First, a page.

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enlarge our sales.' That is true reciprocity. That is the only foreign trade policy for the United States.

"Unless President Roosevelt has materially modified the views he has always expressed he will adhere to these general principles."

GOLDEN SAYINGS OF M'KINLEY.

A noble manhood, nobly consecrated to man, never dies.

God puts no nation in supreme place which will not do supreme duty.

Patriotism is above party and national honor is dearer, than any party name.

The American home lies at the very beginning and foundation cf a pure national life.

God will not long prosper that nation which will not protect and defend its weakened citizens.

Christian character is the foundation upon which we must build if our citizenship is to be uplifted and our institutions are to endure.

The men who established this government had faith in God and sublimely trusted in him. They besought his counsel and advice in every step of their progress. And so it has been ever since; American history abounds in instances of this trait of piety, this sincere reliance on a higher power in all our national affairs.

Improvement in every walk of life is the outgrowth of thought and discussion and ambition. We do better as we are better ourselves.

Self-government politically can be successfully only if it be accompanied by self-government personally; there must be government somewhere.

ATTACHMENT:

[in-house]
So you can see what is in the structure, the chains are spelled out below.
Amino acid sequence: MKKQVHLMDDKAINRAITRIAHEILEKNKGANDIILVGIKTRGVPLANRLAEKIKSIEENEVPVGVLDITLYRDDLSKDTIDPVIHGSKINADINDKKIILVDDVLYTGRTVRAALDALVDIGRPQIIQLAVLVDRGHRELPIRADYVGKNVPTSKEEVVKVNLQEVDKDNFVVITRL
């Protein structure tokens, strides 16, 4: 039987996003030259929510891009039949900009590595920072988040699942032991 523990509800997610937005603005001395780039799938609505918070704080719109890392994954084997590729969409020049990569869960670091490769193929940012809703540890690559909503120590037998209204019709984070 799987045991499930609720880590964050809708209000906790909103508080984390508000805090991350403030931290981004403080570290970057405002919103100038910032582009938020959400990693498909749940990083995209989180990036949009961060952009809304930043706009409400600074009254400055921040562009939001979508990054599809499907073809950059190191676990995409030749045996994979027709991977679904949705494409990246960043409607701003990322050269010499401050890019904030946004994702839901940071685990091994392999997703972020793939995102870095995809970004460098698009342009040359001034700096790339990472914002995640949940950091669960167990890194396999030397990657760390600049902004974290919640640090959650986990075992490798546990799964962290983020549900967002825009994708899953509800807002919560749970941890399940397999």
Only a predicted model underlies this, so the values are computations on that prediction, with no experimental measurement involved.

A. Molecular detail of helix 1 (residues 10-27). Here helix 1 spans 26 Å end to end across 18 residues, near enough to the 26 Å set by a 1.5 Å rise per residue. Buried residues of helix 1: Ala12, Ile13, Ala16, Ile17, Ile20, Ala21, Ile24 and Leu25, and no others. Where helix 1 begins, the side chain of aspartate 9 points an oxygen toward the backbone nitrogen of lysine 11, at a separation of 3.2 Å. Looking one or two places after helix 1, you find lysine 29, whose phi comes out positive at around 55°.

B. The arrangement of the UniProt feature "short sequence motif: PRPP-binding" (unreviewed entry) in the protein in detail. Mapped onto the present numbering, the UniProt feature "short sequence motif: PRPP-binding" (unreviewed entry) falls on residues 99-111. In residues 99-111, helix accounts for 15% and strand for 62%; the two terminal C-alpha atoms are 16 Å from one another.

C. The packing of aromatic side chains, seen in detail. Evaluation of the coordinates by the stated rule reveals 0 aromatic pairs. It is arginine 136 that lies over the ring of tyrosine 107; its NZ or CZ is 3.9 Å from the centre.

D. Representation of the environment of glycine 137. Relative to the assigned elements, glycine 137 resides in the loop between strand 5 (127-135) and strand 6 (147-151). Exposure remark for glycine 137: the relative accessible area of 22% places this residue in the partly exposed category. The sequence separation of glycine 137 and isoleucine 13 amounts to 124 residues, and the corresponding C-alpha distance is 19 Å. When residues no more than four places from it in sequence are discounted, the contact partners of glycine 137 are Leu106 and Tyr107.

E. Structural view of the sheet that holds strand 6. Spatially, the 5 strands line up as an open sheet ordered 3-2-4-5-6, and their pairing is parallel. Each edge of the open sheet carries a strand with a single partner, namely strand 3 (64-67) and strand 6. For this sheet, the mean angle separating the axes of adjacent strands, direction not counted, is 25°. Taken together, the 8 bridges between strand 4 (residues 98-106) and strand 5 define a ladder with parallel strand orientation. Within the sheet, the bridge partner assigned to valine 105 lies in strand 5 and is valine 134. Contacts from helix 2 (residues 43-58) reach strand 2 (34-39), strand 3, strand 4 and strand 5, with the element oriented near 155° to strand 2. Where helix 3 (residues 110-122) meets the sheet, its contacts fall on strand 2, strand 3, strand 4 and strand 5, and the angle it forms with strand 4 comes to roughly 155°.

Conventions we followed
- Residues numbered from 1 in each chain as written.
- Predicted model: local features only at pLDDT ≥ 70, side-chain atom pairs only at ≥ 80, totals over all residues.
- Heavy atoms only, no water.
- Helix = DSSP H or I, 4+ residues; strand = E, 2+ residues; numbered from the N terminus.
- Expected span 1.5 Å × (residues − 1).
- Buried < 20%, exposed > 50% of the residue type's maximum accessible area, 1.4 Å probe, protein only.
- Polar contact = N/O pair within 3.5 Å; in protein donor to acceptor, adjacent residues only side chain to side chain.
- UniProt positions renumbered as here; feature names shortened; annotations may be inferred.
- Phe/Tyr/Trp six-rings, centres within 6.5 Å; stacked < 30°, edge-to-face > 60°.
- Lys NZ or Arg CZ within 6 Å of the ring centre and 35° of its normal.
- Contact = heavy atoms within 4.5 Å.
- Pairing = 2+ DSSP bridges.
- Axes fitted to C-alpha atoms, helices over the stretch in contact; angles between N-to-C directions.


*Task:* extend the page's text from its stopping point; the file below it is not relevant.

The American home where honesty, sobriety, and truth preside, and a simple, every-day virtue without pomp and ostentation is practiced, is the nursery of all true educations.

The want of time is manly men, men of character, culture and courage, of faith and sincerity; the exalted manhood which forges its way to the front by the force of its own merits.

It is the duty of each of us, by word and act, in so far as it can be done, to improve the present condition. But, above all, we must not disparage our government. We must uphold it and uphold it at all times and in all circumstances.

The tomorrows are too full to be crowded with the yesterdays. We must move on and forward. We must learn that everv day is a new day, with its own distinctive and commanding duties, and cannot atone for the yesterdays unimproved.

No people can be bound to acknowledge and adore tbe invisible hand which conducts the affairs of man than the people of the United States. Every step by which they have advanced to the character of an independent nation seems to have been distinguished by some token of providential agency.

The labor of the country constitutes its strength and its wealth, and the better that labor is conditioned the higher its rewards, the wider its opportunities, and the greater its comforts and refinements, the more sacred will be our homes, the more capable will be our children and the nobler will be the destiny that awaits us.

The first duty of a nation is to enact those laws which will give to its citizens the widest opportunity for labor and the best rewards for work done. You cannot have the best citizenship without these encouragements, and with us the best citizenship is required to secure the best government, the best laws and their wise administration.